In production, the animals are taken from the preharvest area 104 to the slaughter area 108 where they are slaughtered. In the slaughter area 108, the hide of the animal is removed from the carcass and the carcass in washed. The carcass may also be steamed pasteurized, receive a euhygenic bacteria treatment, and/or be subjected to an electrical stimulation process. In the slaughter area 108, carcasses are cross-referenced with animal ear tags otherwise known as a head tag system, which maps every carcass to an individual animal. Ear tag and head tag are paired, collected, and recorded at the slaughter area 108. The information that is recorded in the slaughter area 108 is again sent to the central processor 124 where it is accordingly processed and then saved in database 132 in the appropriate format.
Also in the slaughter area 108, a carcass crosses a scale where the carcass is weighed and assigned a unique carcass identification number. The carcass identification number references the animal number and the corresponding lot number. The unique carcass identification number may also contain additional data including the kill date, the processing shift, and the hot carcass weight per side. Typically an animal is split into two sides therefore having two carcasses correspond to a single animal. As noted above, this unique carcass identification number is also sent from the slaughter area 108 to the central processor 124 for storage in the database 132.
After the animal has passed through the slaughter area 108, the corresponding carcasses are sent into the chilling area 112 where they are suitably chilled for a predetermined amount of time. After a carcass has been chilled for the requisite amount of time, it is sent into the fabrication area 116, where it is again weighed. The weight is logged at the transfer scale between the chilling area 112 and the fabrication area 116 and the chilled carcass weight typically per side is recorded and sent to the central processor 124. Additional information including, but not limited to, time of processing, shift that the carcass was processed at the transfer scale, animal identification number, and corresponding lot number may be saved and sent to central processor 124 for storage in the database 132 as well.
In the fabrication area 116 the carcass is separated into different parts. For example, one beef carcass may be split into a butt section, a chuck roll section, a strip section, a top round section, a bone-in-rib product, or any other suitable meat product that can be derived from the carcass. Each product class has a processing time associated with it. Quality assurance, ergonomic studies, time and travel across fabrication floor, and any other information that can be used to determine the amount of time it takes for a carcass to travel through the fabrication area 116. This processing time typically corresponds to a window of traceability 300, as will be described in further detail later. Each window of traceability 300 can be traced to a carcass identification number, lot number, and feed lot of origin. This window of traceability 300 may be saved in the database by transferring the information from the fabrication area 116 to the central processor 124 where it is saved in the database 132, though this is not required as it is commonly known how long a particular product takes to be produced in the given fabrication process.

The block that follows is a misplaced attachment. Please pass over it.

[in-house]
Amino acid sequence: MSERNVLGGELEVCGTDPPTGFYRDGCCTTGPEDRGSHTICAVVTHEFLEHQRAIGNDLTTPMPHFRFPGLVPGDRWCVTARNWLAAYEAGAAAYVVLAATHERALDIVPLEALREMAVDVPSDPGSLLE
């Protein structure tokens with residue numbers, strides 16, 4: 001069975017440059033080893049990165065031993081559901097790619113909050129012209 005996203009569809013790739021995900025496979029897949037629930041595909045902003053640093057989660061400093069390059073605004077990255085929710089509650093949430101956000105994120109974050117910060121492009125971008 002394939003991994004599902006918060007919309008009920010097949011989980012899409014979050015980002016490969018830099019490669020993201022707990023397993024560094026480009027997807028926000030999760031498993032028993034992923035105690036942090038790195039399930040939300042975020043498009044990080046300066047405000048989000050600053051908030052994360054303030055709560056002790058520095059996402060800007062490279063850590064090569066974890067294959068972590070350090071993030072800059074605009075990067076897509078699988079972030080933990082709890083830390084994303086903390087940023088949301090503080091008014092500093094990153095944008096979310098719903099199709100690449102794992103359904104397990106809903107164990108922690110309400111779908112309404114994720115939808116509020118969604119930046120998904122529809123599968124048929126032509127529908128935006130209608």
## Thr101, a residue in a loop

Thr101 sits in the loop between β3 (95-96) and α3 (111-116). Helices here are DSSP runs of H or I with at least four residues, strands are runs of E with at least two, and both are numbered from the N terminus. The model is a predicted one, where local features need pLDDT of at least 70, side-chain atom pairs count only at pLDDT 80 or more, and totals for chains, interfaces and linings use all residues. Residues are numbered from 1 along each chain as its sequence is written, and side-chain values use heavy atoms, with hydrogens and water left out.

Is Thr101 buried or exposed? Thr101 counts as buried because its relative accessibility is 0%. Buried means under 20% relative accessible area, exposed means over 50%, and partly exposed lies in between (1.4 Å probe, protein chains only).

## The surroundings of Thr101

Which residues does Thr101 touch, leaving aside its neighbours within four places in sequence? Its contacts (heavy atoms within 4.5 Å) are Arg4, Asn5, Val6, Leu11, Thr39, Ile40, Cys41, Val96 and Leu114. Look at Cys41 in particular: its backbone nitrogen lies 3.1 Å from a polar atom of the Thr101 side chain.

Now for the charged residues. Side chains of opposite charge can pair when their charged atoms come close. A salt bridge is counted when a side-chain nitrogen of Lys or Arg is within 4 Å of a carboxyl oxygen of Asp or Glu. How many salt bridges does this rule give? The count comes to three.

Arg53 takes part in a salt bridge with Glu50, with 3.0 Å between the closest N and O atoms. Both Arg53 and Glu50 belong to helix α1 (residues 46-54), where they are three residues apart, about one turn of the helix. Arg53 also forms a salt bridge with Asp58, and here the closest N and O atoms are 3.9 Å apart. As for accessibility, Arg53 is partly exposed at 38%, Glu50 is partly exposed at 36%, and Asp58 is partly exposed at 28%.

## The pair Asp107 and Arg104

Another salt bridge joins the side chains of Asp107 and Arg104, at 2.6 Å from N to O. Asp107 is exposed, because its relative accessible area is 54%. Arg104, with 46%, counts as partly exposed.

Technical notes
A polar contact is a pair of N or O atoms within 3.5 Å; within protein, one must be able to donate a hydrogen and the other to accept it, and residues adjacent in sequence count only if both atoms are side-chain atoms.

Once the carcass has been properly processed into a final product, it is sent from the fabrication area to the packaging and shipping area 120 where it is packaged and boxed, and each box is labeled with information. The box information may include product code corresponding to the type of product that is within the box, product serial number, time of production, production shift, and/or destination. The final boxed or packaged product is then sent from the packaging and shipping area 120 to either a retailer or an end customer.
Referring now to
In the slaughter area 108 the carcass is cross-referenced using a head tag system linking the individual animals identification number to the lot number (step 216). Thereafter, an Angus determination is made and if applicable, the carcass is stamped with an “A” as having a high grade of meat (step 220). In step 224, the carcass is sent to the gut table where a loss report is generated to determine how healthy the animal was. If, during the viscera test, it is determined that the animal's health is questionable, then all carcasses associated with that animal are recalled and tested further to ensure the quality of the meat.
At the gut table, an additional step may be performed where the organs of the given carcass are scanned. When the organs are removed from the carcass, they are typically placed on a conveyer belt or the like. As can be seen in
Once the organ is within the area of interest 522 the image gathering means 520 captures an image of the organ, which is then sent to the processor 124. The processor 124 determines what animal and/or lot the organ is associated with and creates a pointer between the subject image of the organ and the animal/lot that the organ is associated with. The pointer may be a memory address of the data for the animal/lot. The processor 124 may alternatively stamp the image with the corresponding animal/lot identification number/name such that anyone that looks at the image knows what animal the organ came from and subsequently what lot the animal originated from. The processor 124 then sends the image to the database 132 for storage.
Referring now to
The image shown in
The image of the organ shown in